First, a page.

Don’t: Be Aggressive

If you’ve sent your follow up email and you haven’t heard back in after a day or two: relax. You don’t need to send in three follow up emails with no response. It’s important to remember that others have multiple things to do in a day. When at work, there are several different tasks to complete. If that person hasn’t replied to your email immediately, give it time. If you haven’t heard back after a week or two, you can send another email, or try reaching out on a platform like LinkedIn or Twitter. Just be mindful of the fact that people can and do get busy.

Don’t: Expect Too Much

Yes, making connections does help you in your career. But not everyone you meet will get you a job this instant. However, they can offer you valuable advice from their experiences.

When following up with others, you have to keep your expectations in line. Sometimes, though a person might want to help you, their company might not be hiring or the person might not be in a position to help. You can gain something from any connection because there is much that we can learn from one another. The benefit of the connection just might not happen right away – and that’s okay. Keep connecting and bringing your A game.

Do you have any comments or suggestions on following up that you’ve gained through your experience? Let us know in the comments.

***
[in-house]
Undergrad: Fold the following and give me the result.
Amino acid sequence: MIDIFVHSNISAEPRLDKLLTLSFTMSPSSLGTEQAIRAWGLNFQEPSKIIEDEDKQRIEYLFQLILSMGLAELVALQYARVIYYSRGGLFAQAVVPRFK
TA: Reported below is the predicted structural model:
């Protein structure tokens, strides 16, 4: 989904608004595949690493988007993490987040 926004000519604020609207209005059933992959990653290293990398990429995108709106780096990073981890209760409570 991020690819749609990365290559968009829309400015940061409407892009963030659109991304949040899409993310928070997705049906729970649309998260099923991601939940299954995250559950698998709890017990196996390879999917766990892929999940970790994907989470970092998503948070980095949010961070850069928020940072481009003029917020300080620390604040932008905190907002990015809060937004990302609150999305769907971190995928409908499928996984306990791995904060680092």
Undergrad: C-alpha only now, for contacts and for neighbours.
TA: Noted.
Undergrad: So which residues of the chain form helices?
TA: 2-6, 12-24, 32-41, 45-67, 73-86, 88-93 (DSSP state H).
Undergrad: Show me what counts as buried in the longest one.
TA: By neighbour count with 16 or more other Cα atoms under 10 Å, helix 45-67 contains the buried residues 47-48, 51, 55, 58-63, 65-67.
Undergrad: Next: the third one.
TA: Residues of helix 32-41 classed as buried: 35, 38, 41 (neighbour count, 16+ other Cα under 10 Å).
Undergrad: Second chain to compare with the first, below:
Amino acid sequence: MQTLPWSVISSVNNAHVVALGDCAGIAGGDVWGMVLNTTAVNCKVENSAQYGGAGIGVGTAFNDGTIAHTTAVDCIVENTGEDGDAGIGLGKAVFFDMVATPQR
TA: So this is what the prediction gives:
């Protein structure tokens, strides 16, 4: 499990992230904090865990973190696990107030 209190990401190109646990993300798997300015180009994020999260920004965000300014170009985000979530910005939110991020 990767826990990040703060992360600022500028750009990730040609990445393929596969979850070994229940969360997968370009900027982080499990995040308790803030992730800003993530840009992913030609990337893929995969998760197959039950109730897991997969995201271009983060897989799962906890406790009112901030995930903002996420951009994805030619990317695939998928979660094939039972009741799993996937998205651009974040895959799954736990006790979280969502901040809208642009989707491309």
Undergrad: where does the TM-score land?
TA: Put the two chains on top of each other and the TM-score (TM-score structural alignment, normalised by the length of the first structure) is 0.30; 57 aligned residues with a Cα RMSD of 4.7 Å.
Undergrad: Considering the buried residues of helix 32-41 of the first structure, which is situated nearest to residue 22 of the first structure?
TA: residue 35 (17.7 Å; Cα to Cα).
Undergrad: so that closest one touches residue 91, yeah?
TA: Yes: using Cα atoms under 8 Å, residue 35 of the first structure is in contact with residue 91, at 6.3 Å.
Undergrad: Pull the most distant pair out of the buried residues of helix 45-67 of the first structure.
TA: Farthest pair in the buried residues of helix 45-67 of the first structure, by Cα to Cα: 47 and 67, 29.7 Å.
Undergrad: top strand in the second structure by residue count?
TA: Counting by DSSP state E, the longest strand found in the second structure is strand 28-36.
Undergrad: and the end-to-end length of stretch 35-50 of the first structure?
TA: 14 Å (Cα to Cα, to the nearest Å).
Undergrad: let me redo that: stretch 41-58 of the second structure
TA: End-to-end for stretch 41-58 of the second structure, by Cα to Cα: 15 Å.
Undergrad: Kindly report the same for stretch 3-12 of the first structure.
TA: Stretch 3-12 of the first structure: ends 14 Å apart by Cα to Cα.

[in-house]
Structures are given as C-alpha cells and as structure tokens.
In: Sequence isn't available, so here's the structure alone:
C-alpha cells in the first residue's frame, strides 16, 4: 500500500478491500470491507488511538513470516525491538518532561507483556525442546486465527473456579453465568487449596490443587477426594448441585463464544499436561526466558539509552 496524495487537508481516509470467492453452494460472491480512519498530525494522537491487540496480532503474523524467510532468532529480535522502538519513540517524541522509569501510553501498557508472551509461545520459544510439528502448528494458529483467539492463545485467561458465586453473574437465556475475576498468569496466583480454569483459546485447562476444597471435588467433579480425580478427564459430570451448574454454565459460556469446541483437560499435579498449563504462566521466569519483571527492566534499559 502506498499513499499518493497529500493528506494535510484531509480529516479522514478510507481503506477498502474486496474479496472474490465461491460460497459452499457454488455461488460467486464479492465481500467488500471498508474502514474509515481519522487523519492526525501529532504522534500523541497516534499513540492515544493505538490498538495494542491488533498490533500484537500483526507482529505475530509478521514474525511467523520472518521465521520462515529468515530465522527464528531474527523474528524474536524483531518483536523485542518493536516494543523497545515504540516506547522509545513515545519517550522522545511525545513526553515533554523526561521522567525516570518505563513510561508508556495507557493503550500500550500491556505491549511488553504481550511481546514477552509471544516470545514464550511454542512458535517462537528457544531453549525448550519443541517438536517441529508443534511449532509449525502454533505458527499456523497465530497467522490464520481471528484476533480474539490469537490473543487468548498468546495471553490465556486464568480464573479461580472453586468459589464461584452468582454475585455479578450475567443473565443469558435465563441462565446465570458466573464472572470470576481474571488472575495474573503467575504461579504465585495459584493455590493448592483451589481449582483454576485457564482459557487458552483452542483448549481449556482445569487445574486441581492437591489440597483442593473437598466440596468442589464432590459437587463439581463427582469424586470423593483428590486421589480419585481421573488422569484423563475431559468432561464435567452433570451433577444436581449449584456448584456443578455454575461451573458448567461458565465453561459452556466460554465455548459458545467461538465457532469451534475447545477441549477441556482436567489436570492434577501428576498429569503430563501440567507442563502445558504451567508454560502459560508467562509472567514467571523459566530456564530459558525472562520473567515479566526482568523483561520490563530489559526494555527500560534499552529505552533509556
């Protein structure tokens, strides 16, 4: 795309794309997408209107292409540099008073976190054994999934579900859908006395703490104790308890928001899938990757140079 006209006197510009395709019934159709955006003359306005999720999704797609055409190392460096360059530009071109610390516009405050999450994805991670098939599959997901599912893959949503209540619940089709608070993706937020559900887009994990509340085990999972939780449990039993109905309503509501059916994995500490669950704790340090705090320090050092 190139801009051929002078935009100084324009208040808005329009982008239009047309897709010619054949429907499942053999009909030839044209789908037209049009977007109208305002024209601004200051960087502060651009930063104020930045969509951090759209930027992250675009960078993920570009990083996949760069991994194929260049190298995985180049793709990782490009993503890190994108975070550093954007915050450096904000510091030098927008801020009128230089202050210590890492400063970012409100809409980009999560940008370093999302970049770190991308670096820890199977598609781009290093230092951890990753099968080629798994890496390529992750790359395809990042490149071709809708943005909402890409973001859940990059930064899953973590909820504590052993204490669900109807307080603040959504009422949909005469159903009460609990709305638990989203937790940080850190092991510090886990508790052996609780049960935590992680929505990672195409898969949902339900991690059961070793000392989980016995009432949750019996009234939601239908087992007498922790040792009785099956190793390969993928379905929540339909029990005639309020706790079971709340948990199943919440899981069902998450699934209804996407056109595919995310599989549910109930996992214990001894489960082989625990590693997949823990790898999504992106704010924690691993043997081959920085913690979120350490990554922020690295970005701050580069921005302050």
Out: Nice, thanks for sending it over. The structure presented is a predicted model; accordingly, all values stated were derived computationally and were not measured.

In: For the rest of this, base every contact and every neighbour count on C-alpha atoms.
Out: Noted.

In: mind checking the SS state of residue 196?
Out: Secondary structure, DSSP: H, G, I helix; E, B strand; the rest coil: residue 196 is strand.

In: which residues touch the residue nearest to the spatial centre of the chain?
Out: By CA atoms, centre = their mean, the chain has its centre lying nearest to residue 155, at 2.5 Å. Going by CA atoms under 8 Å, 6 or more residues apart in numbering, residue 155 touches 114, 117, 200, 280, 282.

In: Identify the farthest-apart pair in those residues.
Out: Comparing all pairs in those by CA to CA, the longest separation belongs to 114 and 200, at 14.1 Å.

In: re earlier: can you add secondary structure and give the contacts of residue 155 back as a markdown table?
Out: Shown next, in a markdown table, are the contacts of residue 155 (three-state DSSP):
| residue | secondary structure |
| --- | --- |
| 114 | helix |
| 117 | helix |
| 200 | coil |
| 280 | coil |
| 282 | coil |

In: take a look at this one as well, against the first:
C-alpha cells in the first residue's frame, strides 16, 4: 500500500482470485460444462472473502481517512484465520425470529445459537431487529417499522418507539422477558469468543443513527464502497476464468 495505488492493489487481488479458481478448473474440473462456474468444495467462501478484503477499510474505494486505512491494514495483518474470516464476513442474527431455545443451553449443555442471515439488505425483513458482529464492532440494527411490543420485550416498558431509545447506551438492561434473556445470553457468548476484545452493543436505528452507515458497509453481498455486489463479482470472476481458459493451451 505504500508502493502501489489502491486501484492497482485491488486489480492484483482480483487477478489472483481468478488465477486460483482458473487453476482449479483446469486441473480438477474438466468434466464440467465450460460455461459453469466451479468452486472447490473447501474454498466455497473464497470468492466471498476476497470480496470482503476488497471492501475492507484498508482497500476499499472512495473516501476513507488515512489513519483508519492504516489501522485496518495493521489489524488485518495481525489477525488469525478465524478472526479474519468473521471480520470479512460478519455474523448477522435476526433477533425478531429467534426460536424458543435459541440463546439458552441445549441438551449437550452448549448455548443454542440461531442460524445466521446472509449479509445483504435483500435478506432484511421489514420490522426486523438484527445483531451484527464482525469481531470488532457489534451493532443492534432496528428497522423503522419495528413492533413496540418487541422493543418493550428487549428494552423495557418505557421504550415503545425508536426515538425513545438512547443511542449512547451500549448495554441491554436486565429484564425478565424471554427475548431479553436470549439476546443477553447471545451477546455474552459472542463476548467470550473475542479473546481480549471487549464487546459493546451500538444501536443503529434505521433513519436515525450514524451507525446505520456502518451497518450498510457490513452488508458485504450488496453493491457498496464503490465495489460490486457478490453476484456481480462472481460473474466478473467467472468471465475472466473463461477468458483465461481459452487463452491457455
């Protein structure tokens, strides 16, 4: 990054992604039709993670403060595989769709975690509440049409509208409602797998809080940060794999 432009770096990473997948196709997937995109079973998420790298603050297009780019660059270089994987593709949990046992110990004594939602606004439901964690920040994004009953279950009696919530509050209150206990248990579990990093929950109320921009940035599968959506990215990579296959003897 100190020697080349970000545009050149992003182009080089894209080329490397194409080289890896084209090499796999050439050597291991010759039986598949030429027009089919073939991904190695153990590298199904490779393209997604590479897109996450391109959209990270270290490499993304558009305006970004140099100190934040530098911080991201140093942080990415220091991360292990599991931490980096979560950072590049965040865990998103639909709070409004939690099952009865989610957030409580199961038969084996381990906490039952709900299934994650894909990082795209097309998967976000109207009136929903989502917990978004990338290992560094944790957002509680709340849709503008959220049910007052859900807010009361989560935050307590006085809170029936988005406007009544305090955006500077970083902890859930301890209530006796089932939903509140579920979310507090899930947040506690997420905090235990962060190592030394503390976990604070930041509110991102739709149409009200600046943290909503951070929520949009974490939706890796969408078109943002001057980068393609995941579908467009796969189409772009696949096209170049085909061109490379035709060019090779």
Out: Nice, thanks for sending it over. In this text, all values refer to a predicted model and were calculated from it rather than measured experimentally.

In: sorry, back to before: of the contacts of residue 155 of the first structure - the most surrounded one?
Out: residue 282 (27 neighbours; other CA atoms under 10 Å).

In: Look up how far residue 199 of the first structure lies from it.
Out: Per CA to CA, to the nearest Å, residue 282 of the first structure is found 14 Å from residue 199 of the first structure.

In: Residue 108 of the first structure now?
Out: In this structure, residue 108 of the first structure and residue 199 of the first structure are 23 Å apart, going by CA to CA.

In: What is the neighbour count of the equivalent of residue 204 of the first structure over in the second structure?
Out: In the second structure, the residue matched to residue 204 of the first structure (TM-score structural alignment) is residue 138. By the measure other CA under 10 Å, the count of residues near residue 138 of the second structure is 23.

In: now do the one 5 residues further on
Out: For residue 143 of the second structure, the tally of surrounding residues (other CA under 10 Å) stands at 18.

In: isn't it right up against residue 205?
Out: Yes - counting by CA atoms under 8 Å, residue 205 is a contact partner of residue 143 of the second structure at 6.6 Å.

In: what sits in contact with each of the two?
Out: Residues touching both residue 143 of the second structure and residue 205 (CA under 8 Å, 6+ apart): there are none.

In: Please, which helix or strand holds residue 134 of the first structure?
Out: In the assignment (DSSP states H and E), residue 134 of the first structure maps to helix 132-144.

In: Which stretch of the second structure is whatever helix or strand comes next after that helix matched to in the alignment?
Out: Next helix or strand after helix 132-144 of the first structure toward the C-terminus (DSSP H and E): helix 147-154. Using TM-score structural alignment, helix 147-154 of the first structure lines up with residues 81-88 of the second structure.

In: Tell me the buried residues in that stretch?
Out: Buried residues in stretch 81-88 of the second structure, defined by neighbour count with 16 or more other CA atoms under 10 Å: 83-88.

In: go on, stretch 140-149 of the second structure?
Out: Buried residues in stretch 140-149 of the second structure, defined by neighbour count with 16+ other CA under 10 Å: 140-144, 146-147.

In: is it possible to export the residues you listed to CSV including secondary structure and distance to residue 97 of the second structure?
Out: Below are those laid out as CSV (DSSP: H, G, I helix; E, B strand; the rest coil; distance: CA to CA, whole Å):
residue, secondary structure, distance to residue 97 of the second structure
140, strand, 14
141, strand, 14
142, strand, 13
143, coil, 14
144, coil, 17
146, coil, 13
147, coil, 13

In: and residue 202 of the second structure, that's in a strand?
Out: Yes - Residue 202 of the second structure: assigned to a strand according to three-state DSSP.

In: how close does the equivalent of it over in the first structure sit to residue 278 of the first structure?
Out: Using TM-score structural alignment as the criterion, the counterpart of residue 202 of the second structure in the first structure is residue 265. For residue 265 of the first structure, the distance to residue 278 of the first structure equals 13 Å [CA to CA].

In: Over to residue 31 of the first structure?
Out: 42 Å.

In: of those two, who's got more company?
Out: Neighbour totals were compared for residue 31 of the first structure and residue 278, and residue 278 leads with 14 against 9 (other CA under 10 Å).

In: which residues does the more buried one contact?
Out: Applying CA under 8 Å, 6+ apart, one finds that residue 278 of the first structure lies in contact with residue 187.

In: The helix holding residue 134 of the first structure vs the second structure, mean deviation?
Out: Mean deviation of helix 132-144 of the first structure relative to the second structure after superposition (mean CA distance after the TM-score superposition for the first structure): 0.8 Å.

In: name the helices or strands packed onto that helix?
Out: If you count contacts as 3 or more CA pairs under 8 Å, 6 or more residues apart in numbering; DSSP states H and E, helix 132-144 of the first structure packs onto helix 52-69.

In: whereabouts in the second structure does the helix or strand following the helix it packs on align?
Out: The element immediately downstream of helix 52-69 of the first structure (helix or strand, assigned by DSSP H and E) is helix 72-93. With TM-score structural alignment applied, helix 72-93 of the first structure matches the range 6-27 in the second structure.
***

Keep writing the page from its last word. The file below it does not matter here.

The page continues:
Want to meet awesome professionals and ambitious young creatives such as yourself? Join us at one of our in-person or virtual events! Learn more at findspark.com/events

One comment on “Hello, It’s Me: Follow Up Do’s & Don’ts

  1. Great article! One of the unfortunate and hurtful scenarios I have encountered is of having followed up after networking events like I usually do and then encountering how certain people never respond to my emails despite few follow-ups spread apart??! I just don’t understand and take it very personally with due cause when these people act as such and when I usually take the time with expressing interest in what they do and how to help them and when seeing how they seem to respond to others from the same event or network?

    According to one scenario, few weeks ago at an Atlanta SOcial Enterprise Event, I happened to meet a girl who does work in my field of interest and whose experience I love. She provided her card and I followed up the next day mentioning how it was great to meet her and love her work and expressed interest in getting to know her further and seeing how I can help. Then no response. A week later I followed up with an email checking in and sharing an article and saying would love to hear back from her, yet no response again. Just now I sent a brief LinkedIn invitation and we’ll see.

    What is the final step I shall take and as we met within a small group in Atlanta and world is a small place and how we seem connected with few others so far, wonder how to lay out karmic accountability and not face unneccesary hurt or unfairness after the true good I am attempting?

    It is taken personally and hurts after my true attempted reaching out with willing to build a relationship and learn, but seeing the other person again at such meetings and as we are adults.


    “What comes around, goes around.”